Interpretative Digitality exhibition at Reactor Hall

The solo exhibition “Interpretative Digitality” by Vygandas Šimbelis (artist alias Das Vegas) relates to the phenomenon which refers to finding countable, discrete units in our environment and behaviour. With this as a backdrop, there is an ongoing discourse within Human-Computer Interaction, as well as within the humanities and the arts, of a so-called “the digital-physical divide”. The exhibited works cover some approaches and concepts like the post-digital dimension and refer to the humanization of technology.

There are two ways of seeing the digital, one expressed through what digital means by reducing it to the fact that it builds on zeros and ones (a so-called reductionist account), versus recognizing it more broadly as what we typically mean by the “digital” – i.e. algorithms, data and the ability to traverse different hardware equipment, servers, sensors, actuators, IoT and so on – but most importantly having computation at the core. Another question is how the process of computation could be recognized as the digital and found in every stage of our lives, it relates to finding countable, discrete units in our environment and behaviour and is named interpretative digitality. These two accounts differ, but at the same time cause these perspectives of the same world to converge. The works in the exhibition rely on more of the “everyday” notion of what we mean by digital technologies and materials – the everyday culturally-accepted definition rather than the strict reductionist account.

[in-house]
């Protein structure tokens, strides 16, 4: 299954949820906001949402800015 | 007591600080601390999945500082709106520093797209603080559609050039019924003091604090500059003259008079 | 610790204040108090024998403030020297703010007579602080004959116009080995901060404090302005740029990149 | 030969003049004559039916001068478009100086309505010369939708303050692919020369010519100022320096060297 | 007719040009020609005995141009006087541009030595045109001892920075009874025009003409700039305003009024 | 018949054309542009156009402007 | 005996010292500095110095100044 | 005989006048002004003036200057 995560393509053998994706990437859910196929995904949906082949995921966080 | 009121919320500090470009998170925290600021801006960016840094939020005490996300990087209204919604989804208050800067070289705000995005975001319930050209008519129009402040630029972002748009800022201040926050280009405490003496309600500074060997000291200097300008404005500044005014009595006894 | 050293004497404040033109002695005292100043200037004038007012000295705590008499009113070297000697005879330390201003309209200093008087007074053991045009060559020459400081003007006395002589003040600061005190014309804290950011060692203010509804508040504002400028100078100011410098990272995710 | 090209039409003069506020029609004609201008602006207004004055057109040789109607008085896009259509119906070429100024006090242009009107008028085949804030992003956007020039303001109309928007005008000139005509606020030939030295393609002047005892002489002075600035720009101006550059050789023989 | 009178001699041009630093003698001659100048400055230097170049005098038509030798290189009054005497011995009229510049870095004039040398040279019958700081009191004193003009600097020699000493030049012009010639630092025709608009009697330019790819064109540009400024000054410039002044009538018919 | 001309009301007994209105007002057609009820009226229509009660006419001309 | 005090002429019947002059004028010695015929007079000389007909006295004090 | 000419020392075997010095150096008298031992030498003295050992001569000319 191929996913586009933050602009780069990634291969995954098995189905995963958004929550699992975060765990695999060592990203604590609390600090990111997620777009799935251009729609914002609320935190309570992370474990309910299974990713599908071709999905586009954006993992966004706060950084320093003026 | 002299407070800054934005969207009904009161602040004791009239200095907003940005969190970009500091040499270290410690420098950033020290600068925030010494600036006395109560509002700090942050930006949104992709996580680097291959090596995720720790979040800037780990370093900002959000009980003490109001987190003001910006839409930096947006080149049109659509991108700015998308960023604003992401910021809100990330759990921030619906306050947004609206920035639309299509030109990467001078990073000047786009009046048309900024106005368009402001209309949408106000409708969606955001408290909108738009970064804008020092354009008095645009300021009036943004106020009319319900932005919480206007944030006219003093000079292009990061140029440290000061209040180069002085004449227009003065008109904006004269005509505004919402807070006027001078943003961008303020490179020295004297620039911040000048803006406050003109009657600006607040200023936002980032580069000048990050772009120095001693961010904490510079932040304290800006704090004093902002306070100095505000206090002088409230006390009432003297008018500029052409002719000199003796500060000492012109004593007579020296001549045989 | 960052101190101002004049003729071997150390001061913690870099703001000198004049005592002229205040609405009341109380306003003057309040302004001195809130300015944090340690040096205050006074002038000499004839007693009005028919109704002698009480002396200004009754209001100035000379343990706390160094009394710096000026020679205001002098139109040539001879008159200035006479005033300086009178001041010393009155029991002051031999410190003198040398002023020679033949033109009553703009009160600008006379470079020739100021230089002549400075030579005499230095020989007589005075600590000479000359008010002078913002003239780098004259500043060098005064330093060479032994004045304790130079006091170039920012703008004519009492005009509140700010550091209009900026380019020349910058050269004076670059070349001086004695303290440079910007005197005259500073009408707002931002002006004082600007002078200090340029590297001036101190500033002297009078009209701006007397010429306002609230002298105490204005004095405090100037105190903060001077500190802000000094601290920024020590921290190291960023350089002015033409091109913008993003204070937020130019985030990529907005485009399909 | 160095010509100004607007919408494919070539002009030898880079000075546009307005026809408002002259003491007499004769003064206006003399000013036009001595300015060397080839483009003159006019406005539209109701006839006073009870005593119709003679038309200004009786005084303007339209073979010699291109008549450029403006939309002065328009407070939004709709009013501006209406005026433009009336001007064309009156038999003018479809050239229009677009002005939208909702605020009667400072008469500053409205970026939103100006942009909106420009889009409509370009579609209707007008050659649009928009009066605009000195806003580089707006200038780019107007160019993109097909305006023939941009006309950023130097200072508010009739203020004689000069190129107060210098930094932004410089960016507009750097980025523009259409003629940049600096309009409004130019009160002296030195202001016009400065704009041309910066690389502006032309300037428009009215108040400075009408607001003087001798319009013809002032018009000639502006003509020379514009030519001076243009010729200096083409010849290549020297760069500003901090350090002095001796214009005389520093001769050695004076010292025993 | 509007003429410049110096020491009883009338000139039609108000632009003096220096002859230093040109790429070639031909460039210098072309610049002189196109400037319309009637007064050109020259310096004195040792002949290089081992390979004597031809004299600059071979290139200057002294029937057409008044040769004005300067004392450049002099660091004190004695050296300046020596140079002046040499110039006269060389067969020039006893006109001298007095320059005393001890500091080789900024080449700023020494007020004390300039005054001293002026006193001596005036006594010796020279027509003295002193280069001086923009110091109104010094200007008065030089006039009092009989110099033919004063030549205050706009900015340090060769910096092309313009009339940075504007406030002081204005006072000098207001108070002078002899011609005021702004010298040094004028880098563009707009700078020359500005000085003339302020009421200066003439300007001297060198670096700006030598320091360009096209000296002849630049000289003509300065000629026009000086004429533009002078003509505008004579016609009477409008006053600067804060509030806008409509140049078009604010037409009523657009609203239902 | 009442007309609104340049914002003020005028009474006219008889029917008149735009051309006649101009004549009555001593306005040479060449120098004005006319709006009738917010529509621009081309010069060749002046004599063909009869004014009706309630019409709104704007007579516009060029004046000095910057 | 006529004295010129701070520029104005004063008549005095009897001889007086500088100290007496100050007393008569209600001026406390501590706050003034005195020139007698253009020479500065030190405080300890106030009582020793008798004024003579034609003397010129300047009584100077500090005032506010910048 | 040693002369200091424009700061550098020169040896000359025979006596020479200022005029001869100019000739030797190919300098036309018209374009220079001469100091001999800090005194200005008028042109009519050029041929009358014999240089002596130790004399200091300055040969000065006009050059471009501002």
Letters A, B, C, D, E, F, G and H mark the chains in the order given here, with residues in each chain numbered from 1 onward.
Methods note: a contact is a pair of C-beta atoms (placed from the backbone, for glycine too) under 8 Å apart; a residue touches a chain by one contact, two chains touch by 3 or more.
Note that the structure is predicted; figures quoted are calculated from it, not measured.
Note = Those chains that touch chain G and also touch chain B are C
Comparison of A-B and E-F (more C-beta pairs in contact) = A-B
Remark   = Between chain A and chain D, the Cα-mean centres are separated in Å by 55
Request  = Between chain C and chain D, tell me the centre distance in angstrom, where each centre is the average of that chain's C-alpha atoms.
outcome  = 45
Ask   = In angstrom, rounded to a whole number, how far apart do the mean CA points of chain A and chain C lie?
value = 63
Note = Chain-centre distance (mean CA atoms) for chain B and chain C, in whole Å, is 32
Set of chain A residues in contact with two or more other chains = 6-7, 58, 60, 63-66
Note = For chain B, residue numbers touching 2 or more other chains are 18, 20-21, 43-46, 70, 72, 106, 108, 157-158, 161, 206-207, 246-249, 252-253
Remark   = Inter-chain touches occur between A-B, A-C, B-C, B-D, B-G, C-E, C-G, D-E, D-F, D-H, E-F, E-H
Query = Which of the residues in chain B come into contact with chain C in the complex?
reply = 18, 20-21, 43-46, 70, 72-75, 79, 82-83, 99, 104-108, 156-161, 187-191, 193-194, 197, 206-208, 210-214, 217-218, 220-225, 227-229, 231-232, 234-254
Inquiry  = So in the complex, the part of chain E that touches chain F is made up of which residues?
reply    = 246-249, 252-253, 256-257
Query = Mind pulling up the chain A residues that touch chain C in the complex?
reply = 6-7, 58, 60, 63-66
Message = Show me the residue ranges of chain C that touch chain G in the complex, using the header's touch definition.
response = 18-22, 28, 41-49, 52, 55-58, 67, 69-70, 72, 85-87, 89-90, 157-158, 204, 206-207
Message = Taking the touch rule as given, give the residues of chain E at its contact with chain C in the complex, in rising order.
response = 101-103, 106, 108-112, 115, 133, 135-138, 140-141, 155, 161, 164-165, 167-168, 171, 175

The exhibits in the “Interpretative Digitality” reflect the artist’s approach which manifests through the hacking activities, disruptive techniques and aesthetic considerations. The accompanied PhD thesis "Humanizing Technology through Post-digital Art" discusses a set of constitutive concepts in relation to the artworks: machine aesthetics, digital upcycling, aleatoricism and chance, deletion, repetition, fault aesthetics and glitch aesthetics. These post-digital aesthetic principles depend on machinic, systematic behaviours in the technological world and the world of “masculine acceleration” could be susceptible to disruptive practices, it could be hacked by its own means, through using its own structures and machinery.

R1-Reactor Hall, Stockholm, Sweden